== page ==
BeoVision 7-55 vs. BeoVision 10
The 55-inch size naturally takes up a good deal of space in the living room, so the BeoVision 7-55 cannot be relegated to an obscure corner. It instantly captures the attention of anyone who enters the room, and the TV simply radiates quality thanks to the sublime choice of materials.
At the same time, the BeoVision 7-55 is a manifestation of Bang & Olufsen’s focus on picture and audio quality. Nothing has been left to chance, and the BeoVision 7-55 will not “make do”. For this reason, the BeoVision 7-55 is somewhat thicker than the current trend on the flat screen market, which means that the model is the “fat boy in the class”.
However, the “fat boy” has nothing to be ashamed of; even though the cabinet is generous, the design and execution are truly beautiful. The BeoVision 7-55 makes no claim to be a fashion icon, because fashion soon goes out of fashion. In contrast, it radiates style – and style is for ever.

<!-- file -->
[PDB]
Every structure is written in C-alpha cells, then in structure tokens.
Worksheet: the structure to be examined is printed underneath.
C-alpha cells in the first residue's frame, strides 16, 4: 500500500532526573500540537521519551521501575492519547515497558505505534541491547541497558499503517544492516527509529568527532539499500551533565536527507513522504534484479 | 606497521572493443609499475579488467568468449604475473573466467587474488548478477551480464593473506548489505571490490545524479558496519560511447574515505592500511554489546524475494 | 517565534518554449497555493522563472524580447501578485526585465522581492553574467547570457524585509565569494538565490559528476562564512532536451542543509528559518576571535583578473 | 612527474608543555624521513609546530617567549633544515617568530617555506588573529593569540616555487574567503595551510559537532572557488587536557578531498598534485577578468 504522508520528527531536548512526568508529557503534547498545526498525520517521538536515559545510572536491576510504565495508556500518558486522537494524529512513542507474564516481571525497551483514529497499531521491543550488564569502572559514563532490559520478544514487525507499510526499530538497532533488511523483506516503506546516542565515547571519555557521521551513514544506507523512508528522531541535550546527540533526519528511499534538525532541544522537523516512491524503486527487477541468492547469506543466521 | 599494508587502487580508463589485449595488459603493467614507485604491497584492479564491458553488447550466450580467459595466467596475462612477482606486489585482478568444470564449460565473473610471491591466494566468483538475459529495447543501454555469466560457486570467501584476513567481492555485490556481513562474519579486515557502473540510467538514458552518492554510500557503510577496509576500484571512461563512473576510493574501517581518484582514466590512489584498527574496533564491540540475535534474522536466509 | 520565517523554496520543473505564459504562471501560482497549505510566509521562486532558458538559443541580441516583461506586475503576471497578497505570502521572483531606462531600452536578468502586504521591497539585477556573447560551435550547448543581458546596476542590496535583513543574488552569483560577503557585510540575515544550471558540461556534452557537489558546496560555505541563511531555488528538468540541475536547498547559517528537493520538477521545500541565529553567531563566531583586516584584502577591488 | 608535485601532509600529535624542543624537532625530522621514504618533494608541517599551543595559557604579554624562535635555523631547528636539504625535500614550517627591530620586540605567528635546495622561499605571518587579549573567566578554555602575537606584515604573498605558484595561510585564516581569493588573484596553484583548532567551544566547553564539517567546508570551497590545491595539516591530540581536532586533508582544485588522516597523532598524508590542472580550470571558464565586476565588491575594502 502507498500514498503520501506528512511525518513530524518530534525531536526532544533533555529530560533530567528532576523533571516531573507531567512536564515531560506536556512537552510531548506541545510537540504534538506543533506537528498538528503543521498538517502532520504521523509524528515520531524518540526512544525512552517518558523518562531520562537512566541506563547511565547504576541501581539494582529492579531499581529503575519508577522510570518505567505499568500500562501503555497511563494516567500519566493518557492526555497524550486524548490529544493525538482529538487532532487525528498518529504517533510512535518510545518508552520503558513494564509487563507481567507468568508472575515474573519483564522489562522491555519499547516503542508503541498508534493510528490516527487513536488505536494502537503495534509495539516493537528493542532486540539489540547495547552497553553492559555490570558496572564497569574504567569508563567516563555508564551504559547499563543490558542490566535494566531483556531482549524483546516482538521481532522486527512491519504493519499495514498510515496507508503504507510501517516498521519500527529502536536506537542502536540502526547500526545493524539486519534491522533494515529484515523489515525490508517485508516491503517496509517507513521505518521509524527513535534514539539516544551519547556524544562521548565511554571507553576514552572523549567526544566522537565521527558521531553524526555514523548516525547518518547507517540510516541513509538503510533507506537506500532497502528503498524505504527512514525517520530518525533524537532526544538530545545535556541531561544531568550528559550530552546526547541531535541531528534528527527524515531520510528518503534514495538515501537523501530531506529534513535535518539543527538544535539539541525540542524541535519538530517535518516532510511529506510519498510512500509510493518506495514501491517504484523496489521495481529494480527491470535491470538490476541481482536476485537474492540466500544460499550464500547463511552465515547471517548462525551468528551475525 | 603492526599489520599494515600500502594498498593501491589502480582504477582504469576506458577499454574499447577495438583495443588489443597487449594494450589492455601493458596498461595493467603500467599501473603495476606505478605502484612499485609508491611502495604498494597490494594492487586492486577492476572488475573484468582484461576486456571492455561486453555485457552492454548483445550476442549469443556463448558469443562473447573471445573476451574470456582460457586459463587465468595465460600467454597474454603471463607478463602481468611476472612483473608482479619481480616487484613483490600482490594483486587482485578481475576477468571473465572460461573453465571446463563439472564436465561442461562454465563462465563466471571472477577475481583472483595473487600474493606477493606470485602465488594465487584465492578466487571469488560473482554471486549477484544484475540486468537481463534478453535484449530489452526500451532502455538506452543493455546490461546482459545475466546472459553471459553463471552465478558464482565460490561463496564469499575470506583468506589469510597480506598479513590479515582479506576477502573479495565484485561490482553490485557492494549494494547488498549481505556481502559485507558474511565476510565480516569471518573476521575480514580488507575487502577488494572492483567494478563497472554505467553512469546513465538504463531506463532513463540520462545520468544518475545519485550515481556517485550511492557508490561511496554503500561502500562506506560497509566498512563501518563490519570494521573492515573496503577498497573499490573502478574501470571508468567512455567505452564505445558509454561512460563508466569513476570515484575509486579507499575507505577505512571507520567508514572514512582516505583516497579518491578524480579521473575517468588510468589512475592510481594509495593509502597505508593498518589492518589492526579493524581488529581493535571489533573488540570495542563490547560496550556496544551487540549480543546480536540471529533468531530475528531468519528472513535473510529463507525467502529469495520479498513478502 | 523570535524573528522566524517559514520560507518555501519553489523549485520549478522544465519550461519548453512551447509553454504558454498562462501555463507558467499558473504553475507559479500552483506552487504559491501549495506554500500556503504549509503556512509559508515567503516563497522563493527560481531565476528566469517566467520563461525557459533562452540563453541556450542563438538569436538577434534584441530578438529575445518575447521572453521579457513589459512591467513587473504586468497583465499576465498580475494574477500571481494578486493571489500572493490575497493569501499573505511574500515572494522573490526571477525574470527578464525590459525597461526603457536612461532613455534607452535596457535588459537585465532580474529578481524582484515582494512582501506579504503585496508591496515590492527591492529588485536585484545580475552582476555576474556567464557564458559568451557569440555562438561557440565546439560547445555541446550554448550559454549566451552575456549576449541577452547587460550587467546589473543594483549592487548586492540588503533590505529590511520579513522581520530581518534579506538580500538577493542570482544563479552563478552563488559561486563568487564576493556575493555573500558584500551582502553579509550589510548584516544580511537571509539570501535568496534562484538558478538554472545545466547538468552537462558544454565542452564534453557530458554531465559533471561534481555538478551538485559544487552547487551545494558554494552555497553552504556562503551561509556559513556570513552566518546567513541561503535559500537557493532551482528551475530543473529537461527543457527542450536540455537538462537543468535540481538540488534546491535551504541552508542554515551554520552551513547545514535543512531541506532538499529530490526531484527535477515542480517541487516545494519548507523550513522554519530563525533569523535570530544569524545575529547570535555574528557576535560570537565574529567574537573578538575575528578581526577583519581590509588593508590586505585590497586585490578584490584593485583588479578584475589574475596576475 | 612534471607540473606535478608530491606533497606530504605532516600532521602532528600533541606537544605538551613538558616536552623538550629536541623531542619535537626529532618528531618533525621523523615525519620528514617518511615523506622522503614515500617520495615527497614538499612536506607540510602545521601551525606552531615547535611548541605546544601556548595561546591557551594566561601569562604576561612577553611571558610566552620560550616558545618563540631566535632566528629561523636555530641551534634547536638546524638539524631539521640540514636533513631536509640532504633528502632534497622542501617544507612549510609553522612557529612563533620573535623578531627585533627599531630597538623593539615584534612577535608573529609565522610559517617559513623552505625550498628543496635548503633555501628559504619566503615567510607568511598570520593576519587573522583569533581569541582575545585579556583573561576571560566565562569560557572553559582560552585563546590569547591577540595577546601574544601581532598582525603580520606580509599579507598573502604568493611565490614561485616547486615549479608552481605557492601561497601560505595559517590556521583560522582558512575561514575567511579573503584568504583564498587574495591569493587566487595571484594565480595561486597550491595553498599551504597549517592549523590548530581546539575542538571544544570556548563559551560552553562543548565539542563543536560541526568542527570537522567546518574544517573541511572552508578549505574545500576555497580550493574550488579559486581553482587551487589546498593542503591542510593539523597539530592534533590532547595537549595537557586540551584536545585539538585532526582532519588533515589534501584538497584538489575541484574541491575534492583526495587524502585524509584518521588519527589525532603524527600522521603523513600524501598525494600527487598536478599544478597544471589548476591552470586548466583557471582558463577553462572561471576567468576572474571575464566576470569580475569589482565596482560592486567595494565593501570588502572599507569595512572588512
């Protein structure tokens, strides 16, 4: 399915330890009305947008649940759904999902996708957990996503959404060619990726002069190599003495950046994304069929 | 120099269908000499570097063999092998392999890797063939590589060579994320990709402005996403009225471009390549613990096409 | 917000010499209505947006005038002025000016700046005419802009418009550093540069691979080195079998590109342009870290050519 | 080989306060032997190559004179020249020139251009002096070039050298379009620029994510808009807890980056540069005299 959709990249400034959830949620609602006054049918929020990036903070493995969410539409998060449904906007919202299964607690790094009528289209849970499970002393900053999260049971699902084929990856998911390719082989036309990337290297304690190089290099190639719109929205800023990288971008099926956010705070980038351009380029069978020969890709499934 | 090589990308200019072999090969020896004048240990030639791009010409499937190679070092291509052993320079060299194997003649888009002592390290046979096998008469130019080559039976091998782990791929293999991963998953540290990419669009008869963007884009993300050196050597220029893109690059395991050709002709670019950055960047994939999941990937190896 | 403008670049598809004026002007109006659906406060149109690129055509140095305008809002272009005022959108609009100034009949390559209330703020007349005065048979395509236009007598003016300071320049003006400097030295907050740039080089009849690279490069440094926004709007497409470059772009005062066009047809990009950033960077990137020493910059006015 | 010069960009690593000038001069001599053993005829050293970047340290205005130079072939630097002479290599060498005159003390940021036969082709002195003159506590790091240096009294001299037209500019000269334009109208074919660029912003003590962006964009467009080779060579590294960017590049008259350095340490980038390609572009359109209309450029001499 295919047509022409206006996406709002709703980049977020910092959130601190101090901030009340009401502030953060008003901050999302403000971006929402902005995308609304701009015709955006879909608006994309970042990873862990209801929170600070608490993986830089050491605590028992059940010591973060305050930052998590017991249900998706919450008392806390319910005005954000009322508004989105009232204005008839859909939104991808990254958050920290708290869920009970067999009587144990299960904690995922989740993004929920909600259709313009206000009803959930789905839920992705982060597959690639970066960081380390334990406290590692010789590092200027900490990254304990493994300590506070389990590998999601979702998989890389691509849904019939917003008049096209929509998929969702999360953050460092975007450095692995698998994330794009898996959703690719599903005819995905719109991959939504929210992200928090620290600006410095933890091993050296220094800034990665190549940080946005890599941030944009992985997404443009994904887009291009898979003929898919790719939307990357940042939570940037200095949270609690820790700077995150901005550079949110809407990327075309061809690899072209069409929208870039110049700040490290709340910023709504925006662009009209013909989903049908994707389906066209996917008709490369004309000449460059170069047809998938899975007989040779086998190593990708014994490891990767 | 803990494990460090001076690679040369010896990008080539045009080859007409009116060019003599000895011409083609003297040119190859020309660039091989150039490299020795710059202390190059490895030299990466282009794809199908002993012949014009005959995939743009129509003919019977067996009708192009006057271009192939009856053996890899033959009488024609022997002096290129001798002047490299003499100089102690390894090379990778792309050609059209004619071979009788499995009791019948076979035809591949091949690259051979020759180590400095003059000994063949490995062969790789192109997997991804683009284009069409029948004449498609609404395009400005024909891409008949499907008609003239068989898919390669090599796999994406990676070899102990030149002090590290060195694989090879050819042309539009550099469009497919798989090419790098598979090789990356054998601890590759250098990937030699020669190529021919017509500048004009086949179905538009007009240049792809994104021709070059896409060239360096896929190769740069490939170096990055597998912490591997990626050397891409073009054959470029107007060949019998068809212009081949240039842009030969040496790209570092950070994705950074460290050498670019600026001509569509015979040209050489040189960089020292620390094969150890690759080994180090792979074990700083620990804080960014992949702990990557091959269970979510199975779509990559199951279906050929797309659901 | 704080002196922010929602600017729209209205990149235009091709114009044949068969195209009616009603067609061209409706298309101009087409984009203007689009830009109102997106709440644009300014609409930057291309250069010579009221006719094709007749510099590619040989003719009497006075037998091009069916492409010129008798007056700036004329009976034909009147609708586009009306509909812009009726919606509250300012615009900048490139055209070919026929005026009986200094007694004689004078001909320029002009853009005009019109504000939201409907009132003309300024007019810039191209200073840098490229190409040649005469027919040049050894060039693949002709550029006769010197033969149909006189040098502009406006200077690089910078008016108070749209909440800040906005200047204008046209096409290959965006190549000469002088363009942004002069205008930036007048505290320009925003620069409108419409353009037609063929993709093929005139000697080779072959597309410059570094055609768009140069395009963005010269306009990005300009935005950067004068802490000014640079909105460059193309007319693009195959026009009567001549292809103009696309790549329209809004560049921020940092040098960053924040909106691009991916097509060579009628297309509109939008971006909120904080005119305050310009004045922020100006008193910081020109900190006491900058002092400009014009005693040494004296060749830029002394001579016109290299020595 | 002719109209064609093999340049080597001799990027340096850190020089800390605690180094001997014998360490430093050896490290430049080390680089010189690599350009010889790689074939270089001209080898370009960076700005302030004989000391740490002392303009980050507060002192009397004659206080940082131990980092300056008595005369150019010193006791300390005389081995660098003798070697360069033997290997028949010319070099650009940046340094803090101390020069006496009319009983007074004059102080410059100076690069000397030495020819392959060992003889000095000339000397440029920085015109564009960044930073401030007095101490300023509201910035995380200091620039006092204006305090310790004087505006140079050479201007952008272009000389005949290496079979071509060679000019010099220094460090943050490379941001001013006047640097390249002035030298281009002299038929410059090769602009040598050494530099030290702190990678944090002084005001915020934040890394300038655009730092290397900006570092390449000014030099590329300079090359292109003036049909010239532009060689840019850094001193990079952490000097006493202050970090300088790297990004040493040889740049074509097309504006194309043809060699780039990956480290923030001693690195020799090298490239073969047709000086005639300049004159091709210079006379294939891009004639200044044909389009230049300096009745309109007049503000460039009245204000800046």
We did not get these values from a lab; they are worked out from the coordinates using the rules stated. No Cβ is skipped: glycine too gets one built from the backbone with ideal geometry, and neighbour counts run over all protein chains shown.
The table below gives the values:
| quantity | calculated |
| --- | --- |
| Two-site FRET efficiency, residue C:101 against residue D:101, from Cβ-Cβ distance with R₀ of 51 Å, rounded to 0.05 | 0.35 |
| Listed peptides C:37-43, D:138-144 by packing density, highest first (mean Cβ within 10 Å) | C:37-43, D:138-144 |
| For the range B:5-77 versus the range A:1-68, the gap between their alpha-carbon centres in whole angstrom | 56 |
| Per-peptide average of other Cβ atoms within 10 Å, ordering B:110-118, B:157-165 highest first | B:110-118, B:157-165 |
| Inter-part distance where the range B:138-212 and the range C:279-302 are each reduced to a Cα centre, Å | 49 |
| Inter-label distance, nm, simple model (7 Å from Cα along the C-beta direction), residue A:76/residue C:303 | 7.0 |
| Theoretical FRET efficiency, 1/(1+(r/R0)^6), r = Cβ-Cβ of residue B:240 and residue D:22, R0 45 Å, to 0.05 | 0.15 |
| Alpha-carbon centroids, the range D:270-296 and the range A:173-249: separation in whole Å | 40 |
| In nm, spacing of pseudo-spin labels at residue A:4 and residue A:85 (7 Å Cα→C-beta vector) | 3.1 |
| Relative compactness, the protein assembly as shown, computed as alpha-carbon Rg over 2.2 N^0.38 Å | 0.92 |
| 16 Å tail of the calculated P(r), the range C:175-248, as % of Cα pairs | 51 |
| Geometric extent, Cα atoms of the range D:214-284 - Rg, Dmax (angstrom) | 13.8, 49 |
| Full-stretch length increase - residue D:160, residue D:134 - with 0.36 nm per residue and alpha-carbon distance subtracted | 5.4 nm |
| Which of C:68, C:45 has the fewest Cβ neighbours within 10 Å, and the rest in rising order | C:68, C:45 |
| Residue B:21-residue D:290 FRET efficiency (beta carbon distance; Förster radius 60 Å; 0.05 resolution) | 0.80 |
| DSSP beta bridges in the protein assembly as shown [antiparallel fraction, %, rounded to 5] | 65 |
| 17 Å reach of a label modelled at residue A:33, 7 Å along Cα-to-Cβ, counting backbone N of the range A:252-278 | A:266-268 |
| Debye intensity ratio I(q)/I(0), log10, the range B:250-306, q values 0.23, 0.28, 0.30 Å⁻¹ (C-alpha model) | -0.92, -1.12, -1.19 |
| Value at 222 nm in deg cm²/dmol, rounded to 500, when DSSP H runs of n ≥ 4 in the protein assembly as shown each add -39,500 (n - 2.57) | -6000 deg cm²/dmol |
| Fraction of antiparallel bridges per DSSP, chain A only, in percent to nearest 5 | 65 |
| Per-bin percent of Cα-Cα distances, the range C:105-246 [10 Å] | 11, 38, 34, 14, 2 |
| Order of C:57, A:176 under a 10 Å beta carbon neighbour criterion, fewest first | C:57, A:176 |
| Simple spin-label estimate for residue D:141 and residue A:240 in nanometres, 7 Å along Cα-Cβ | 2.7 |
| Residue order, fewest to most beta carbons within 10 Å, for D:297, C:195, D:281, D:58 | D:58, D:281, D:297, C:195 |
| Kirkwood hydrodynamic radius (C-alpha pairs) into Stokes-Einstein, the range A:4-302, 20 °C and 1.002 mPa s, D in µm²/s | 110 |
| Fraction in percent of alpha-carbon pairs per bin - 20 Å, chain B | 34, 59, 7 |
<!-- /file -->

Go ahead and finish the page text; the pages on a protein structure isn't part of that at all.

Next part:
The motorised stand itself is a feature that quickly captures the attention. Even though the base is heavy and stable, and even though the BeoVision 7-55 is a weighty item, the ergonomic functions make the television appear light as a feather.
Pressing a couple of buttons on the remote control unit is sufficient to turn the BeoVision 7-55 from side to side with a silent, fluid motion. It is even possible to adjust various settings for video, audio and stand-by so that the BeoVision 7-55 turns to different positions depending on use. And as if this were not enough, the remote control can be used to instruct the motorised stand to tilt the BeoVision 7-55 forwards or backwards.